1st Illinois Dispensaries Will Likely Launch in 2015

The first dispensaries in Illinois might not launch until well into next year, months later than many entrepreneurs envisioned after the state passed its medical marijuana law in 2013.

“It’s going to be spring or early next summer before patients have access to this medicine,” Ali Nagib of the National Organization for the Reform of Marijuana Laws (NORML)  told a local TV station.

At this point, it appears that the first crop of cannabis businesses in the state will receive licenses in the fall or even winter. It will then take several more months for cultivators to produce the first harvest.

The state did not set an initial timeline for when dispensaries would open. Nagib said it became clear shortly after the law passed that dispensaries might not be able to open until 2015. But many observers still expected dispensaries to be up and running in Illinois sometime this year, even though it often takes longer than expected to get a regulatory framework in place.

, 1st Illinois Dispensaries Will Likely Launch in 2015Illinois has released draft rules (and already revised them) covering the industry and is now holding public hearings to discuss the proposed regulations. It will accept written comments through June 2.

Once it gets feedback from the public, officials must hammer out final rules and then launch the application process for business licenses, which will likely occur later this year. That process – including the vetting of applicants – could take several months to play out.

Illinois will license up to 60 dispensaries and 21 cultivation operations.

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8 comments on “1st Illinois Dispensaries Will Likely Launch in 2015
  1. Michael Slawin on

    Despite wide-spread media reports, there will actually be 21 cultivation center permits/licenses awarded. The 22nd was deleted in the 2nd draft of proposed regulations published in April by the Illinois Department of Agriculture.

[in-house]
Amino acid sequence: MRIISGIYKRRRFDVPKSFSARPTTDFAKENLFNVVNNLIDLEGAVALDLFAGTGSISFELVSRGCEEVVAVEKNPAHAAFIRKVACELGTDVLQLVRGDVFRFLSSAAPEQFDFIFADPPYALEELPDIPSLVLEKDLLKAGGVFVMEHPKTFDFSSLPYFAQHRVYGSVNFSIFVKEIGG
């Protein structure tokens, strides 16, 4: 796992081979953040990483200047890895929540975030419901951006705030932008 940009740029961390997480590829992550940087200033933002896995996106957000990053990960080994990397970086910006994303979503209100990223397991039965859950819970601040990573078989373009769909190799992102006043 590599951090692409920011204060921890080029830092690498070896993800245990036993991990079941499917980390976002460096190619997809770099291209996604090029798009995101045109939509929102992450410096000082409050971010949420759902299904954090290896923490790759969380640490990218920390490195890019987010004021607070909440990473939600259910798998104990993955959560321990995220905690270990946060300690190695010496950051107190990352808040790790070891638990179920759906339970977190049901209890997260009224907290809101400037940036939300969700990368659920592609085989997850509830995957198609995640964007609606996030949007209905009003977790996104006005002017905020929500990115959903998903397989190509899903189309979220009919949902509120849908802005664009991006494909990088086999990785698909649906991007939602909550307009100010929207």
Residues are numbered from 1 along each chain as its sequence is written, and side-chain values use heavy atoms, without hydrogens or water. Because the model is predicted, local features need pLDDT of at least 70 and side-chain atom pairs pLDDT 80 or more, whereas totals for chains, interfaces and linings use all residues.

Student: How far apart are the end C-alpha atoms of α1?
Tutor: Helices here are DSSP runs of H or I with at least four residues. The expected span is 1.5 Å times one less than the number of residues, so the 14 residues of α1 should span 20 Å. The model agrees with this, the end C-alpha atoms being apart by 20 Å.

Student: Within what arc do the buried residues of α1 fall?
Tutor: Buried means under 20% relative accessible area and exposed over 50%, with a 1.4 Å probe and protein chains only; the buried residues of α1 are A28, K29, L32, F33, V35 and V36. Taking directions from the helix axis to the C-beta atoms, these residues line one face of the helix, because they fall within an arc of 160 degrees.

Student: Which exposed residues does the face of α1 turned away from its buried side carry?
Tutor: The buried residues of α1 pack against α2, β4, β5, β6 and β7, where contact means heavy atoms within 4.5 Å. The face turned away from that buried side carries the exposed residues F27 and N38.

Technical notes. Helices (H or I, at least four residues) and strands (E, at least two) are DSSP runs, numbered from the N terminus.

2. Ali Nagib on

    To put some context around my quote this timeline has not changed from what we expected when the bill passed, it’s just not what a lot of people were expecting. It still appears likely that these businesses will be licensed by the end of the year but due to the cultivation cycle actual medicine will not be accessible to patients until next year.

  3. Avis Bulbulyan on

    People should expect at a minimum 5-6 months post license for the first dispensary to open and that’s assuming everything on the cultivation side goes smooth and assuming growers will have enough seeds/clones for the first harvest to be a full harvest.

  4. D.M.S on

    Mr. Slawin is correct, the site removed was the Des Plaines HQ, whom serve the highway and tollways of Chicago metro only. What is in question and will have the greatest impact upon timelines is the application availability date, the submission window(s), and the review period(s). There are various approaches which potential dispensary and cultivation applicants can, will, and are utilizing to provide the greatest efficiency, and 120 days from approval and registration is a reasonable target.